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How to Tell the Difference Between an EMR, EHR, or PHR

Many people use the terms electronic medical record (EMR), electronic health record (EHR), and personal health record (PHR) interchangeably. This can confuse patients, consumers, and even regulators.

Although an EMR, an EHR, and a PHR are very similar in practice, there are some differences in how the terms are used.

Similarities Among EMR, EHR, and PHR

The three acronyms are confusing mainly because the terms they represent already share many similarities:

These are all records—that is, collections or repositories of data—that contain health-related information
Like EMRs and EHRs, PHRs also can be stored electronically and managed by some type of software
Although only PHR has “personal” in its name, all three terms may involve information of a personal nature
Only two of the three terms use the word “health,” but all three are health-related.

Definition of Electronic Medical Record (EMR)

According to HealthIT.gov, an EMR is the digital version of the patient charts created by individual health facilities and providers. The data included in an EMR are primarily used to diagnose and treat a patient’s concern. Unlike paper charts, EMRs can help clinicians track and monitor data over time and identify patients with particular needs.

The biggest drawback to an EMR is that it is confined to a single provider. Traditionally, EMRs do not support interoperability or the exchange of information. While the EMR is an improvement over traditional paper charts, its failure to use standards-based interoperable data can fall short of “meaningful use.” A 2008 report by the National Alliance for Health Information Technology noted that the EMR term could become obsolete.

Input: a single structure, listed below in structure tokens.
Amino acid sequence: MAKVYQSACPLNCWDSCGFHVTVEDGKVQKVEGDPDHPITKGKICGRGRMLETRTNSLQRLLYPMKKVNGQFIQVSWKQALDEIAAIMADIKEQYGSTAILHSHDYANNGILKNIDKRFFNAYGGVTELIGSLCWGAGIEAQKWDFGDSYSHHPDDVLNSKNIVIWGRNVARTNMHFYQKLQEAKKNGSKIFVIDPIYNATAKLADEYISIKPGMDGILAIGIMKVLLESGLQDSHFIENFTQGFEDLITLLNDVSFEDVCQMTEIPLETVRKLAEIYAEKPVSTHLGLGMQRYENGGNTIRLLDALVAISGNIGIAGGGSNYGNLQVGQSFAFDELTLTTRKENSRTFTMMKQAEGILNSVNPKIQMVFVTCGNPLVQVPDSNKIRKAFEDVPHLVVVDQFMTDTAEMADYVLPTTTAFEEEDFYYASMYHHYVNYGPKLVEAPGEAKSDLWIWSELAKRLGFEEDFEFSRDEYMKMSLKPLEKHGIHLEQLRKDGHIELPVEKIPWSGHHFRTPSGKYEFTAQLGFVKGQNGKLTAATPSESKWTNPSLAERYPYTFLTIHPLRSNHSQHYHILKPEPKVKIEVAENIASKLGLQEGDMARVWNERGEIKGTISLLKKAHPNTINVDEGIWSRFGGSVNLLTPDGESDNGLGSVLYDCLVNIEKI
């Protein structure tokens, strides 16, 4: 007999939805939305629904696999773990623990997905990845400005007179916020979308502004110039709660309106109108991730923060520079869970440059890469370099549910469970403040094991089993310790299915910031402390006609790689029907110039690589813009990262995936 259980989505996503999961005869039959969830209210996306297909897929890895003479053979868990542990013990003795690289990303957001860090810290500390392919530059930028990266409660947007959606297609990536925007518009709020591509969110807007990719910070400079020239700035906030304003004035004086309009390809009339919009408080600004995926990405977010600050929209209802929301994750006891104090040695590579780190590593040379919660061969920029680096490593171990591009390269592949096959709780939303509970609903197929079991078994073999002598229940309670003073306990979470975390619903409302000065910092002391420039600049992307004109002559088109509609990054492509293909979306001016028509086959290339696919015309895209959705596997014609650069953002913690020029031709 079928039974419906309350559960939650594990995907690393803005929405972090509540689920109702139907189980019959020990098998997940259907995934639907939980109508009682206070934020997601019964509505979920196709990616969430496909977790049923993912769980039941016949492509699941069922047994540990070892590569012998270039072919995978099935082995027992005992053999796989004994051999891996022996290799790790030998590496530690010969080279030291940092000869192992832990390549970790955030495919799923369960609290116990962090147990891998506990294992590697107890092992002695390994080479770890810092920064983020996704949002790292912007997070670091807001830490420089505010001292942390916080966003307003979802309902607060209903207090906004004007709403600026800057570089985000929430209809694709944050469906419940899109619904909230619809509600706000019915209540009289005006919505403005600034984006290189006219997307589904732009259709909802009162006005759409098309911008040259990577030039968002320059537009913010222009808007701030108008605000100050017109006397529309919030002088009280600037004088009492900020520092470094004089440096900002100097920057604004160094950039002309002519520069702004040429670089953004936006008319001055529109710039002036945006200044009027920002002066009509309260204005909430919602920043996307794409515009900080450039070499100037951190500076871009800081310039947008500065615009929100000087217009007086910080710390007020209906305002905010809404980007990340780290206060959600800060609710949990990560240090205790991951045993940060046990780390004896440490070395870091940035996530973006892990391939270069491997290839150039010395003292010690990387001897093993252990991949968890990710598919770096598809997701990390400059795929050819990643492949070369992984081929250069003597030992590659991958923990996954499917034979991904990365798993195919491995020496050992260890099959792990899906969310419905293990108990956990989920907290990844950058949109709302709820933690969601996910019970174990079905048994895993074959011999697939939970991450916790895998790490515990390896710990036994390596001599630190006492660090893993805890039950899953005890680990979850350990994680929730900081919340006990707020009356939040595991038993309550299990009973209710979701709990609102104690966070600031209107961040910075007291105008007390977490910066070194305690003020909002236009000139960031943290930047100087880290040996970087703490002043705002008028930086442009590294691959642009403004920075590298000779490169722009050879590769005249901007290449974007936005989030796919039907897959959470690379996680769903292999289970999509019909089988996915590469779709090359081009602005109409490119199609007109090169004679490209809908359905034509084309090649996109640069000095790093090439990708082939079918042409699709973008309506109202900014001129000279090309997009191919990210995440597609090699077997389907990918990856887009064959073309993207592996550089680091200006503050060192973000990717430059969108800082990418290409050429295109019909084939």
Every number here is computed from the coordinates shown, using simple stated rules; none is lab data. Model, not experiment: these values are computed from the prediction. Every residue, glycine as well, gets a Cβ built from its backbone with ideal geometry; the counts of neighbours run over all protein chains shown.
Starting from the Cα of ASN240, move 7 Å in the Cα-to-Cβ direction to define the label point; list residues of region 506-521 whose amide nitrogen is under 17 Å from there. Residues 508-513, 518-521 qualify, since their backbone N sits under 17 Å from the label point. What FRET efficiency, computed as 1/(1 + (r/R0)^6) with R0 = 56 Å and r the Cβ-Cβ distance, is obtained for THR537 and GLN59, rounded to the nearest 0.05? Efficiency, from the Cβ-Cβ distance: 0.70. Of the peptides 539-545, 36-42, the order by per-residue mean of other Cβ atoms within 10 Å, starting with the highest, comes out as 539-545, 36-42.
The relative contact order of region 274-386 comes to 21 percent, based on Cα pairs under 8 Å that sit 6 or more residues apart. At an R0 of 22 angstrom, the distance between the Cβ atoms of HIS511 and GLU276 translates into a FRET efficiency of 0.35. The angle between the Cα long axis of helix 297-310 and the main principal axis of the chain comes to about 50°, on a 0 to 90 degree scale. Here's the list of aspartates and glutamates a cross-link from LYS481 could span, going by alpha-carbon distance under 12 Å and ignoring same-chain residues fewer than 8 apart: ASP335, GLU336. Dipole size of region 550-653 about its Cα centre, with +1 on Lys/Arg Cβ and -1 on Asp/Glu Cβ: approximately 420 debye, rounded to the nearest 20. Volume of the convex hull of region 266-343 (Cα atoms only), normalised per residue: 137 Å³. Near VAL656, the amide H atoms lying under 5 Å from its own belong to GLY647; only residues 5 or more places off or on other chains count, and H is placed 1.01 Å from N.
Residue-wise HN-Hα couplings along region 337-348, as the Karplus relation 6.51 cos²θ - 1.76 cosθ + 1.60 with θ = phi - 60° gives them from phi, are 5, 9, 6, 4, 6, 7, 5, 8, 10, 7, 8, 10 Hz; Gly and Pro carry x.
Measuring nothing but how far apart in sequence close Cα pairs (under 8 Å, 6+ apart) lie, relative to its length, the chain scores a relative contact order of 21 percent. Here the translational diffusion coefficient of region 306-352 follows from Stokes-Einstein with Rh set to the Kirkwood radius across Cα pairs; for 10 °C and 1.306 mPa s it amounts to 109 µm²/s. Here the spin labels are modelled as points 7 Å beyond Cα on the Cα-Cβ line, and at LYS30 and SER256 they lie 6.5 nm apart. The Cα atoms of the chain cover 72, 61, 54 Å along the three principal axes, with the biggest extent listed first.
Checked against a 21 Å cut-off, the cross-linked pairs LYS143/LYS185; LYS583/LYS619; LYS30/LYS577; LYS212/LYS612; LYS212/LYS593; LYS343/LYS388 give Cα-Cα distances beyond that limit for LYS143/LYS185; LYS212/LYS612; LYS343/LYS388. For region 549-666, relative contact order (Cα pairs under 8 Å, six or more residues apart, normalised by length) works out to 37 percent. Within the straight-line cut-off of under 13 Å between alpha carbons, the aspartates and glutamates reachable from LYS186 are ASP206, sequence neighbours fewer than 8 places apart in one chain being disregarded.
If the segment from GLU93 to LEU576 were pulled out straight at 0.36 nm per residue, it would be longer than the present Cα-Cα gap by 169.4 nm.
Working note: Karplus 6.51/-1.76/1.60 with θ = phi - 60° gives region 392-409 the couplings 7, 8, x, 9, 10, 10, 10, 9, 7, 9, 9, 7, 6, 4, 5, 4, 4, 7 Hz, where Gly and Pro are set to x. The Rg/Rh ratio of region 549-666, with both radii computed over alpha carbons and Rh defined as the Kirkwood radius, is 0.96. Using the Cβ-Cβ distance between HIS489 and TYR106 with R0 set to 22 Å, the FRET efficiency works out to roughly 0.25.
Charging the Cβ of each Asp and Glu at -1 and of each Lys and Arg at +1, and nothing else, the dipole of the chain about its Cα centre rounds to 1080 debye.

Definition of Electronic Health Record (EHR)

Like an EMR, an EHR is also a digital version of a patient’s chart. An EHR, however, includes data from all clinicians and facilities involved in a patient’s care. All authorized providers and staff can access this information to treat a patient.
Such information includes:

Diagnoses and allergies
Medications and other treatment plans
Immunization dates
Test results and radiology images
Provider contact information

The EHR follows the patient, and is not specific to a location. For example, an addiction treatment client may receive care from a family doctor, testing laboratory, psychiatrist, and substance abuse treatment clinic. Each of these providers would contribute that client’s data to the same EHR. This makes the EHR essential for data sharing and coordination of care.

Similarities Among EMR, EHR, and PHR

The three acronyms are confusing mainly because the terms they represent already share many similarities:

These are all records—that is, collections or repositories of data—that contain health-related information
Like EMRs and EHRs, PHRs also can be stored electronically and managed by some type of software
Although only PHR has “personal” in its name, all three terms may involve information of a personal nature
Only two of the three terms use the word “health,” but all three are health-related

According to HealthIT.gov, an EMR is the digital version of the patient charts created by individual health facilities and providers. The data included in an EMR are primarily used to diagnose and treat a patient’s concern. Unlike paper charts, EMRs can help clinicians track and monitor data over time and identify patients with particular needs.

The biggest drawback to an EMR is that it is confined to a single provider. Traditionally, EMRs do not support interoperability or the exchange of information. While the EMR is an improvement over traditional paper charts, its failure to use standards-based interoperable data could fall short of “meaningful use.” A 2008 report by the National Alliance for Health Information Technology noted that the EMR term could become obsolete.

Definition of Electronic Health Record (EHR)